Simple Steps To Elegant Portraiture
Monte Zucker
• Posted Jun 1, 2001

At a recent class in Cleveland my sweet and gracious bride model, Avril, told me that she wouldn't be able to come in the next day because she had no one to take care of her children. I told her to bring them in. I'd photograph them. The next day I realized why I had basically given up photographing children. They're just so unpredictable.

Avril promptly told me not to worry. Her kids were wonderful, "They love to have their pictures taken!" I thought, "Sure!" Just my luck

And that's how it all began. There we were the next day--me, Avril, her two children, Sydni and Isaiah, together with a studio full of photographers just waiting for me to fall flat on my face! "It's not going to happen," I thought. "I'm gonna pull this off if it's the last thing I do." It almost was.

As you can see by the pictures, it wasn't easy. Sydni was skeptical, right from the start. The younger one couldn't have cared less. But I went to work.

Dress And Light
Avril had dressed them appropriately--dark turtlenecks and jeans. That was no problem. Lighting wasn't a problem either. I was exploring the possibilities of working with daylight in a way that I had just begun to use. I laid a Westcott 6x8' translucent panel against a window full of bright, direct sunshine. The panel cut the light down to what is commonly referred to as a "Northlight" window. It's a beautiful and soft light source.

My subjects would be backlit against a plain white background. Their hair would have a natural hairlight by the light that was passing over the top of the panel. All I needed was a main light. No problem. My Westcott Monte Illuminator (silver reflector) provided that. It was all going to be by natural light.

Kodak's Portra 800 film gave me the shutter speed I needed to work effectively with children. I used my Hasselblad, of course, on a Benbo tripod.

No Picnic
I could see right away that this was not going to be a picnic. Neither of the kids were anxious to cooperate. This was nothing new. Thinking back quickly to my "kidnapping" days (photographing children door to door) I decided to start with the older sister. I would have to keep her mother close--maybe even in the picture--in order to get any cooperation at all from Sydni. She would be sitting on the raised platform of the window while her mother would be kneeling on the floor beside her. That would put their heads conveniently at a close level to one another.

You can see in #1 (see photos below) that there was a "slight" air of discomfort in Sydni's face. By #2, however, I felt that I had captured a sweeter look. Of course, her mother was going to be in all the pictures, but that didn't matter to me. Her clothing blended with that of both of the children, so it was all going to work out.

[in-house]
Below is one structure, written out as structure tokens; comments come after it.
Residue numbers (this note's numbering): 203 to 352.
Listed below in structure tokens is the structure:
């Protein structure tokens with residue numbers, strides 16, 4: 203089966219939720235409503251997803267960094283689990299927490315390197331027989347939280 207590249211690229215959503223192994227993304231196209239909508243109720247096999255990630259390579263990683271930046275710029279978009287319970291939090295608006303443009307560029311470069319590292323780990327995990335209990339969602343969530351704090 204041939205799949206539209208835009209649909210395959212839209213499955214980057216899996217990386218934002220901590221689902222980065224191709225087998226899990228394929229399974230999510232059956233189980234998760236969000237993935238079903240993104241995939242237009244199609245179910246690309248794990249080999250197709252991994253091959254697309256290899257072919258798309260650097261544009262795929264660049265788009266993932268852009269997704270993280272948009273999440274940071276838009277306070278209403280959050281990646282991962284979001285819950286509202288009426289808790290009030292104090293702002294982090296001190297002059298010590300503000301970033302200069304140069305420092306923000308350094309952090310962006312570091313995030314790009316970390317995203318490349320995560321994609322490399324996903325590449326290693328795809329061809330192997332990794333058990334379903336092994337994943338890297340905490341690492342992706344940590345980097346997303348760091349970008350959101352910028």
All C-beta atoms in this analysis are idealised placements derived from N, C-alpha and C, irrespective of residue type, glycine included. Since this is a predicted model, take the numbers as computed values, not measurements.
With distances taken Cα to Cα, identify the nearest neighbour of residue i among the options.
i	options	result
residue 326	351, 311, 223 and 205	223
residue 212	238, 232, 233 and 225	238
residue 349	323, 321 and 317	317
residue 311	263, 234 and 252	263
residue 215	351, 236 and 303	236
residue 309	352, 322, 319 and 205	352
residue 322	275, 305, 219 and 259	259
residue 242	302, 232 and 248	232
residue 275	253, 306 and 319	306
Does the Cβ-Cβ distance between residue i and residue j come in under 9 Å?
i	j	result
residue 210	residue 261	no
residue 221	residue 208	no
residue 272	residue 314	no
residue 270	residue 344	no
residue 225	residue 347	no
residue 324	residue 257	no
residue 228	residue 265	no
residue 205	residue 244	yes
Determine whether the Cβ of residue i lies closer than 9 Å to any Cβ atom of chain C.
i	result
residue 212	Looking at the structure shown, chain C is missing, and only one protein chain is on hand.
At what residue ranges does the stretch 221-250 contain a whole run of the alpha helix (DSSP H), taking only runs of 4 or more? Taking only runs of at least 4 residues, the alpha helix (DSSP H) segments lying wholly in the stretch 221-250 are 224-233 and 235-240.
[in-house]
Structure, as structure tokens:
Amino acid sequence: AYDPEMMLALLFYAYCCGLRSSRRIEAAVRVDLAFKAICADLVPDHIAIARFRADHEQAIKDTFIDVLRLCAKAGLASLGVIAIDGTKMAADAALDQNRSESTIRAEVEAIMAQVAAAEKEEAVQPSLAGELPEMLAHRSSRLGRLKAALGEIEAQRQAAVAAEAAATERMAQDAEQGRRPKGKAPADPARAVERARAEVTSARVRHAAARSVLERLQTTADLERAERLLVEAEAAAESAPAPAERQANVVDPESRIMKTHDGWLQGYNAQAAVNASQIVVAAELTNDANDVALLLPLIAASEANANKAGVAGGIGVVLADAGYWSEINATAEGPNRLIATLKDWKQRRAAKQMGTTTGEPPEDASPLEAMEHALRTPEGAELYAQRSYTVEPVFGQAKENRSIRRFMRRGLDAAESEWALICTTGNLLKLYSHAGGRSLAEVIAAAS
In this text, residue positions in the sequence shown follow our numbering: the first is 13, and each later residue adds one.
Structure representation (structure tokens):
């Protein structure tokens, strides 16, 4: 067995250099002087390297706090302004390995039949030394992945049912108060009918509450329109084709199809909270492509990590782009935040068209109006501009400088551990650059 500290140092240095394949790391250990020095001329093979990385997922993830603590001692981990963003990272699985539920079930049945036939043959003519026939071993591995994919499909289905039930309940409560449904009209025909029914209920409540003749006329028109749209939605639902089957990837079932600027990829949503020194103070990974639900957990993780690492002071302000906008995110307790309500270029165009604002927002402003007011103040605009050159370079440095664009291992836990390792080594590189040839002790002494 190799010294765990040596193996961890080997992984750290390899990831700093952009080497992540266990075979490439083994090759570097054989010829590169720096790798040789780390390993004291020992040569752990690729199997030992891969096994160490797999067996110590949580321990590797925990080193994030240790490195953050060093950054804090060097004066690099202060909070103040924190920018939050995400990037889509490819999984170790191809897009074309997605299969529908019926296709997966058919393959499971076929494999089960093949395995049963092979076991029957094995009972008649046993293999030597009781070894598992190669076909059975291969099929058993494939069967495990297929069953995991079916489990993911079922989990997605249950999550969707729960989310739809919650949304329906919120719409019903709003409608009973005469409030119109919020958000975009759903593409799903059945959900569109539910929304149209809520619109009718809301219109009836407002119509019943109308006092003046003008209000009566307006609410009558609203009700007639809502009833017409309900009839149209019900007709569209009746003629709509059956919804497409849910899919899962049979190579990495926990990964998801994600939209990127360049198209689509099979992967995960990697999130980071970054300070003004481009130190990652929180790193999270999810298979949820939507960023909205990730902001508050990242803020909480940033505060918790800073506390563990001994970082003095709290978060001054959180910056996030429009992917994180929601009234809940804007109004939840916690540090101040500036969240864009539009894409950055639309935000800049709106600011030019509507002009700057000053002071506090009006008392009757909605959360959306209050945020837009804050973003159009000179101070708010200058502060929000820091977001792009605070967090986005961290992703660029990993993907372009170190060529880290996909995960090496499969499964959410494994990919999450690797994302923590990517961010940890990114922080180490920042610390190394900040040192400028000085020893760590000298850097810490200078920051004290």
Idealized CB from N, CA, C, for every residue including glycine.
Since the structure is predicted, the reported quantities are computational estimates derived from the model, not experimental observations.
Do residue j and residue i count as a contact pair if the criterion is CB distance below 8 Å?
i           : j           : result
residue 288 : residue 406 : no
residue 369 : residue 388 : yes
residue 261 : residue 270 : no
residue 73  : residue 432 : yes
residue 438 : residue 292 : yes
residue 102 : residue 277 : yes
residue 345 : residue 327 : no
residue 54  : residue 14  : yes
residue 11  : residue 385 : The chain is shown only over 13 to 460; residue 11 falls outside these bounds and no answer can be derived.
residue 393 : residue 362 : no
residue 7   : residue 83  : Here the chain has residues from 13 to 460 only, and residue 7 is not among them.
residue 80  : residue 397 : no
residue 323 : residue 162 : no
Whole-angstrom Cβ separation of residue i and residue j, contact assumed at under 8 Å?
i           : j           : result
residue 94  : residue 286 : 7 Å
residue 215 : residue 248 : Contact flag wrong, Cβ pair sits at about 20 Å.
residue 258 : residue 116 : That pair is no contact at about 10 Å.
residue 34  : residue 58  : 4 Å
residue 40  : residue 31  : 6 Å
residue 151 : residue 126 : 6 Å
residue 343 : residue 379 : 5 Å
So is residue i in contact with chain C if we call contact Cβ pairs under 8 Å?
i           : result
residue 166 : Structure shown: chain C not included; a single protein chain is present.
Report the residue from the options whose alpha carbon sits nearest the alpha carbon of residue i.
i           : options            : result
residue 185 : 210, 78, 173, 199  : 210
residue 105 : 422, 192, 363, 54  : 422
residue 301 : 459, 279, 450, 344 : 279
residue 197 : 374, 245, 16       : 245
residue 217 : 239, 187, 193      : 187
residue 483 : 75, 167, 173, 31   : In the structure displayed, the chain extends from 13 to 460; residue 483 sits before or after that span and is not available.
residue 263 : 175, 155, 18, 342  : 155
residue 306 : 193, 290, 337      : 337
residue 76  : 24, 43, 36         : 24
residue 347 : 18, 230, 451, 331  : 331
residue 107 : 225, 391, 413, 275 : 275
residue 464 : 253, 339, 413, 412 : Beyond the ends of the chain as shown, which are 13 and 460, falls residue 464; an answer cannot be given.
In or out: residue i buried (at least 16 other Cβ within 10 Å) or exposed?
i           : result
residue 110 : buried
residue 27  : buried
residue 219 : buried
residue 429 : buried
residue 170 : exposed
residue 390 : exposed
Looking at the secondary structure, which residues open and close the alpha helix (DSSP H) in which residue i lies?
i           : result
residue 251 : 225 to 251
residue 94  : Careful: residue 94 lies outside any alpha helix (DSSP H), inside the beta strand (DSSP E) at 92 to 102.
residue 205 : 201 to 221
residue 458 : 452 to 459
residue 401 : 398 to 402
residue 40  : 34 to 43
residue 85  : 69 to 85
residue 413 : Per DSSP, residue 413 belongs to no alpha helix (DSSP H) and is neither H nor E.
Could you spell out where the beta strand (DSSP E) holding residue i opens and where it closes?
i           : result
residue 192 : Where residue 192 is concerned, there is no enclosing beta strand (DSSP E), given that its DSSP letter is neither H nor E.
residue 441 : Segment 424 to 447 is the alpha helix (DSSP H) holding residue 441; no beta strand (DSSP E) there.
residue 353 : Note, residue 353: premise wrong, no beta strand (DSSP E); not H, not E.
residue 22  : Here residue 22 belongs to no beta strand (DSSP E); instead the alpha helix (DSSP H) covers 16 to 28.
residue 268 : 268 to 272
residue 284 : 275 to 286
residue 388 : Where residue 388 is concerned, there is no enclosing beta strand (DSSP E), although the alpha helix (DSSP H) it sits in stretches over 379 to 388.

I didn't want Avril to complain about how she looked, so I never had her looking into the camera. I kept telling her to look at her daughter and to keep her face right next to her. I didn't want any distracting space between them.

I didn't spend too much time with the older child, because I had a feeling about what was coming. Then, without trying for more pictures, I popped Isaiah into the scene. He was curious, but not comfortable. No problem (see #3). Wait a minute. I think I see a smile coming on (see #4) Yes! Everyone in the class was trying to get Isaiah to smile (see #5). If anything, there was too much help.

etting Them Together
Better try the two of them together€before there's no turning back. "Okay, let's bring the two of them together! Oops!" (See #6.) "Hey! I think we did it!" (See #7.) "Keep looking at the kids, Avril. Don't look at the camera! Guess that's it for the two of them together!" (See #8.)

"Okay, maybe, some more of Isaiah? Let's try some without his top. Oh, my. He won't stay still? Avril, lie down. Let him get on top of you!" (See #9.) "No! No! Look here! Oh, well, at least he isn't crying!" (See #10). "Yes! Yes! That's it! He's waving at me! Wow! I got it! Just look at that smile! Yes!" (See #11.) "I quit! It just doesn't get any better than that!"

And so, another hurdle was crossed. Another foe vanquished. Two more kids "photographed." And I'm still alive to tell about it!

Why me? I guess that it's just that I'm lucky. Who else would/could get pictures that capture the spirit of the two children like this, much less, do it in front of a roomful of professional photographers? It wasn't easy, but it was exciting, fun, and very rewarding. Such is the life of a "retired" portrait photographer/teacher.